Mistakes happen. Every day, someone somewhere sends the wrong text, misses their appointment, or attaches the wrong file to an email. When we show horses, we might miss a lead, break in front of the judge, or forget our pattern. No matter what the mistake is, the most important part is how you handle it.
Many times, exhibitors jump to blame anyone but themselves for their mistakes in the show pen. GoHorseShow had the opportunity to sit down and talk to AQHA judge and professional horsewoman Sandy Jirkovsky about why blaming others for your show ring failures is a self-fulfilling prophecy.
Jirkovsky, owner of J/S Training, said it is common for exhibitors to place the blame for their mistakes on someone else because it is easier than taking responsibility.
“I think that a lot of people don’t want to accept responsibility when something doesn’t go their way, and it’s something they didn’t prepare for enough,” she said. “They want to blame others because it’s easier on their egos.”
Usually, Jirkovsky said, exhibitors are quick to blame either their horse, their trainer, or the judge when things go awry in the arena. However, she pointed out that this is a flawed school of thought among exhibitors. “It’s a learning experience – everyone has been there; you have to work through it to get to the next level. Horse showing as a sport/hobby makes you mature and more responsible for your actions.”
No matter how finished or proven the horse, they can’t compete without a rider to pilot them. Horses aren’t machines; they need their rider’s guidance to complete any maneuver successfully. Therefore, if the horse appears to make a mistake, it’s up to the rider to work to correct it on their behalf going forward.
Jirkovsy says that along with the horse and the trainer, many exhibitors blame the judges for their failures or low placings in the arena.
“The biggest misconception is that ‘this judge just doesn’t like me,’” she said. “They think we’re out there to be negative, but judges are really out there being your biggest supporters.”
Judges always hope that you will exhibit your best performance when you enter the show pen, Jirkovsky explained. When you have a great go, they celebrate alongside you. When you make a mistake, they are often just as disappointed for you as you are for yourself. They always want to see you do your very best. “It’s nothing personal, whether it’s my best friend or a total stranger, I’m rooting for every one of them.”
But, why does it matter if you blame someone else for your errors in the arena? Well, because it becomes an endless cycle. Jirkovsky says that having a negative mindset and avoiding taking responsibility will only result in continued failures.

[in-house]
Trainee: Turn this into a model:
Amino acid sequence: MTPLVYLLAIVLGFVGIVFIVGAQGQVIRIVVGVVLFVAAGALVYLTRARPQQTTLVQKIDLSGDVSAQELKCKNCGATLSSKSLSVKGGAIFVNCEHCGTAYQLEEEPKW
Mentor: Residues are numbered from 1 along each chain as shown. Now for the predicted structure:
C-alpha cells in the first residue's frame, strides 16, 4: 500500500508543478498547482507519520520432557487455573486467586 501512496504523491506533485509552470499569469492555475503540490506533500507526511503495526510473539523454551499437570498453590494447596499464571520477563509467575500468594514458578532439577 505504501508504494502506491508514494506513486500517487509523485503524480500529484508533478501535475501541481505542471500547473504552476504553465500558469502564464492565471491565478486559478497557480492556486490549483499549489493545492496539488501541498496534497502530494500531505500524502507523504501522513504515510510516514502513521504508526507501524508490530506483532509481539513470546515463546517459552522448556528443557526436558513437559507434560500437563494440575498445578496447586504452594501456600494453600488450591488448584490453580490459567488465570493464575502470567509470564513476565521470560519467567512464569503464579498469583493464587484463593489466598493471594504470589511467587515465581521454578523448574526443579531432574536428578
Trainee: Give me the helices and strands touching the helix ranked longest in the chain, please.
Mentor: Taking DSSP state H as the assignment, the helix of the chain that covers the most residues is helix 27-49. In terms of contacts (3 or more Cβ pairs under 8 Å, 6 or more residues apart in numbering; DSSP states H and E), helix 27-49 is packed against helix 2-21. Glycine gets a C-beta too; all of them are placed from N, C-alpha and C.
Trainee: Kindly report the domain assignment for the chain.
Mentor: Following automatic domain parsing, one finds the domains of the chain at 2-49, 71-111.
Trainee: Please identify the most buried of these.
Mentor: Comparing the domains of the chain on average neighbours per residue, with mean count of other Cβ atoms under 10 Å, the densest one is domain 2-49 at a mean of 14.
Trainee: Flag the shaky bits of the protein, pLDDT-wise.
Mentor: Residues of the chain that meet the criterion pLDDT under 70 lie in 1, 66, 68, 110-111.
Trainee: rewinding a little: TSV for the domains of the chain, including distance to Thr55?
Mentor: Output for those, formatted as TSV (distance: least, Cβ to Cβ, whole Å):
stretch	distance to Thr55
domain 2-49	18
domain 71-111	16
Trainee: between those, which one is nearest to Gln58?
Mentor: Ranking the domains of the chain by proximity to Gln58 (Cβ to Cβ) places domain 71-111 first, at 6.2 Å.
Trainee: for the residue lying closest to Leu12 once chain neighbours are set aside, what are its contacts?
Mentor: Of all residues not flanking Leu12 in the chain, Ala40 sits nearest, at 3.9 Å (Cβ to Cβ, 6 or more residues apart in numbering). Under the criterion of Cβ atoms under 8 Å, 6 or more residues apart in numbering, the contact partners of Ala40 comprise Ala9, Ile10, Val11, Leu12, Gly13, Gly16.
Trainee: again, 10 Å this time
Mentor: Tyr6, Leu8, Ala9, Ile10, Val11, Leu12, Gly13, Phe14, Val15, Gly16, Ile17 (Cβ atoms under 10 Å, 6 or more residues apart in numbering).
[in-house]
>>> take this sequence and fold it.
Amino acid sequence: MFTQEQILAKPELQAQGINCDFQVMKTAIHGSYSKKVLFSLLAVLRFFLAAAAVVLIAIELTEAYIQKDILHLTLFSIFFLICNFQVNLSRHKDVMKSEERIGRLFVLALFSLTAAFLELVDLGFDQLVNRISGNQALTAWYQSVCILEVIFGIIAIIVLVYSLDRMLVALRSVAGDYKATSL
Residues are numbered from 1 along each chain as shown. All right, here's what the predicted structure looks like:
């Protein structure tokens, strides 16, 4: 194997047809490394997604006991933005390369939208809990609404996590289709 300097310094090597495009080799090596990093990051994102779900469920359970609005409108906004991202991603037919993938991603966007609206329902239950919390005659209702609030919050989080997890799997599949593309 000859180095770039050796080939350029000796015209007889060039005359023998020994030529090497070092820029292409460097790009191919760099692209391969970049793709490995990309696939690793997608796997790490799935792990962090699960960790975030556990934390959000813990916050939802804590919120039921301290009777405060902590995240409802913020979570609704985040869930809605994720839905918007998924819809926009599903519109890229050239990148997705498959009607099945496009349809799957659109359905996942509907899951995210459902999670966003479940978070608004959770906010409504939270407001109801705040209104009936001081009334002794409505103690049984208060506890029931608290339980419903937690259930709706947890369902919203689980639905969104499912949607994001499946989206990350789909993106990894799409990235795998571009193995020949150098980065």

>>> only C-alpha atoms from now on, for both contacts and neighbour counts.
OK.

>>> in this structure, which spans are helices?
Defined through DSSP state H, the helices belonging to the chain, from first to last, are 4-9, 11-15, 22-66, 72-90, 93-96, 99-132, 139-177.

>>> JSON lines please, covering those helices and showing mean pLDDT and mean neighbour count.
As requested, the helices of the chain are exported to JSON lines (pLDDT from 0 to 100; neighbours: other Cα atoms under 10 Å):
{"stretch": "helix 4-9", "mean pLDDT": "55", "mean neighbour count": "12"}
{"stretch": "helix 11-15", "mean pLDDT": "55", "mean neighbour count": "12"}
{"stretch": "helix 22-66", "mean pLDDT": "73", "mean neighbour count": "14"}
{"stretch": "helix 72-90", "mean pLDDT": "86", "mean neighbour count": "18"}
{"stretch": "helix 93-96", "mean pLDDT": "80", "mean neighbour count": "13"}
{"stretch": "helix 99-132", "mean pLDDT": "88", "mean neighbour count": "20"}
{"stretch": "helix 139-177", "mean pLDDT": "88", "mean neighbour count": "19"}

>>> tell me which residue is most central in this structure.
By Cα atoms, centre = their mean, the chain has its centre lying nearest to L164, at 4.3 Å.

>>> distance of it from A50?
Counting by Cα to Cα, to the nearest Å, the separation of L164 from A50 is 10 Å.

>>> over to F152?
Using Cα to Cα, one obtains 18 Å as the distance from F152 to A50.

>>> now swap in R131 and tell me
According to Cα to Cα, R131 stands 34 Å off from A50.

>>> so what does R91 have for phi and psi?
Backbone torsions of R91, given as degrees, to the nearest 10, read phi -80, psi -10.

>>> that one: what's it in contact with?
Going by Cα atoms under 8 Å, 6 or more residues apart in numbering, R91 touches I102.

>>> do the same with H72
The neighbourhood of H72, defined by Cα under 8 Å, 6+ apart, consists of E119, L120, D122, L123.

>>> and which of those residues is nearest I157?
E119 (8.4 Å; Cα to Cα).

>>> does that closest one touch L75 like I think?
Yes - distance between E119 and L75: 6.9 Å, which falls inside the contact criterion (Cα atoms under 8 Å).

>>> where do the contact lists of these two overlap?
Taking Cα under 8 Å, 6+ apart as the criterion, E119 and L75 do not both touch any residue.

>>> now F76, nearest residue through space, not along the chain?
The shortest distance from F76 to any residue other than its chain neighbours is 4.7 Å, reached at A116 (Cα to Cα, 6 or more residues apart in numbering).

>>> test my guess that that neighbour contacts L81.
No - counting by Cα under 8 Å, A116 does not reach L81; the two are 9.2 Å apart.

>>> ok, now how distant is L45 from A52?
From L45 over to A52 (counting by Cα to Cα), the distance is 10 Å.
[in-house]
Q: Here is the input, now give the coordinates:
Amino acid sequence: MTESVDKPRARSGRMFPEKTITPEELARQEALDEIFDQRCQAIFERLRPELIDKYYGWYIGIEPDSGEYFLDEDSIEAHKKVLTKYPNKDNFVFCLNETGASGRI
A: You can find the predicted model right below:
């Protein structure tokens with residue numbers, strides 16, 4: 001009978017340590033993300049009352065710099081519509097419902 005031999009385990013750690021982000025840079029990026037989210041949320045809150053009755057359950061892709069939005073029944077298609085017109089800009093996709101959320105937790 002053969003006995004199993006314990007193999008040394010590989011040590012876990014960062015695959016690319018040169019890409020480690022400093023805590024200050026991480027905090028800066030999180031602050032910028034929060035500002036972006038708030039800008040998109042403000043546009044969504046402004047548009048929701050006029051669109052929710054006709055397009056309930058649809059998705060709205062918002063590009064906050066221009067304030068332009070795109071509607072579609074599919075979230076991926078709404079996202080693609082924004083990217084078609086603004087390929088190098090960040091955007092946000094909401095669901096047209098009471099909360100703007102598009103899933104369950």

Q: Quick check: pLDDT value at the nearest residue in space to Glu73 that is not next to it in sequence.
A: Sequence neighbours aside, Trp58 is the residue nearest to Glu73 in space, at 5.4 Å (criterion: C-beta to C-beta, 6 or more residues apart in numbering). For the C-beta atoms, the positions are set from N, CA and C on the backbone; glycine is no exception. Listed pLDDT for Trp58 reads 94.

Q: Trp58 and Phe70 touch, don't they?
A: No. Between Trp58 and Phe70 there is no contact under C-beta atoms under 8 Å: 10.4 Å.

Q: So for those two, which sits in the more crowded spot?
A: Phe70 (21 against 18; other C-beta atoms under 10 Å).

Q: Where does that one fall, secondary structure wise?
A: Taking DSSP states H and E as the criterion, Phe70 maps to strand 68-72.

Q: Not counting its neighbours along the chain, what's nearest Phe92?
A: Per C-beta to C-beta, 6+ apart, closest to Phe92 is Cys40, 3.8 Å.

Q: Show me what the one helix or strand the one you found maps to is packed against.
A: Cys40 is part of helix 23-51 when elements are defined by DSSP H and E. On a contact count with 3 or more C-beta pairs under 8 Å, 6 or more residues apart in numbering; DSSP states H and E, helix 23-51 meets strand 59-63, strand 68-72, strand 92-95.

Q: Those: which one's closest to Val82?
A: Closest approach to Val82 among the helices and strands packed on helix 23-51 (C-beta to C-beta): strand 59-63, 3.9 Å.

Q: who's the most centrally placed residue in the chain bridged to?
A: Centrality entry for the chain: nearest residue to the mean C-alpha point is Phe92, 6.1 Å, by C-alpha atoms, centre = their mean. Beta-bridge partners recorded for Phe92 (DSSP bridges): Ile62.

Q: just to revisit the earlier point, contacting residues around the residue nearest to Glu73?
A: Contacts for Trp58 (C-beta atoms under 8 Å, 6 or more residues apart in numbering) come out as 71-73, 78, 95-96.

“I think when they go in with that mindset, it creates more problems,” Jirkovsky said. “They set themselves up for failure. If they go in with the attitude of ‘I’ve got this,’ they can overcome the bad thing that happened the last time.”
When you refuse to acknowledge that a mistake was caused by something you did while you were showing, you won’t be able to figure out what you did wrong. Whether that means asking for the lead change a stride sooner, changing your approach to the trail obstacle, or memorizing your pattern further in advance, the only one who can truly change the outcome in the show pen is the exhibitor.
Jirkovsky suggested positive alternatives to blaming others for your mistakes. You might try watching videos of your runs with your scoresheet in hand or asking a trainer or judge to explain your scores impartially. But, with any approach to improvement, you have to be open-minded in order for it to truly take effect.
“Get someone totally impartial with a trained eye to watch the video and score sheet with you. Be open-minded about it, and learn from what those marks are. Score sheets should mirror the run – focus on the maneuver they were poor on and correct it/build it. We’re not making up numbers when we’re judging there,” Sandy says.
She adds, “If it’s a class that doesn’t have a score sheet, then you really have to go with the video and be honest with yourself as you watch that video. Always get an outside opinion. Even if you don’t have a trainer, there’s a lot of us out there that will watch something with you and help you at no cost, just to help the industry.”
Other tips include: Showing is as much mental as it is physical – read as many sports psychology books as possible. The Mind Gym is a book Jirkovsky recommends with good mental exercises before the competition.
Push positive thoughts and think about performing the best mentally as well as physically. “It seems like when you’ve had one bad show, you can think that the rest are going to be. You need someone to get in there and help beat that mindset. Our coaches need to do more than just make our riders. We need to help their mindsets, too.”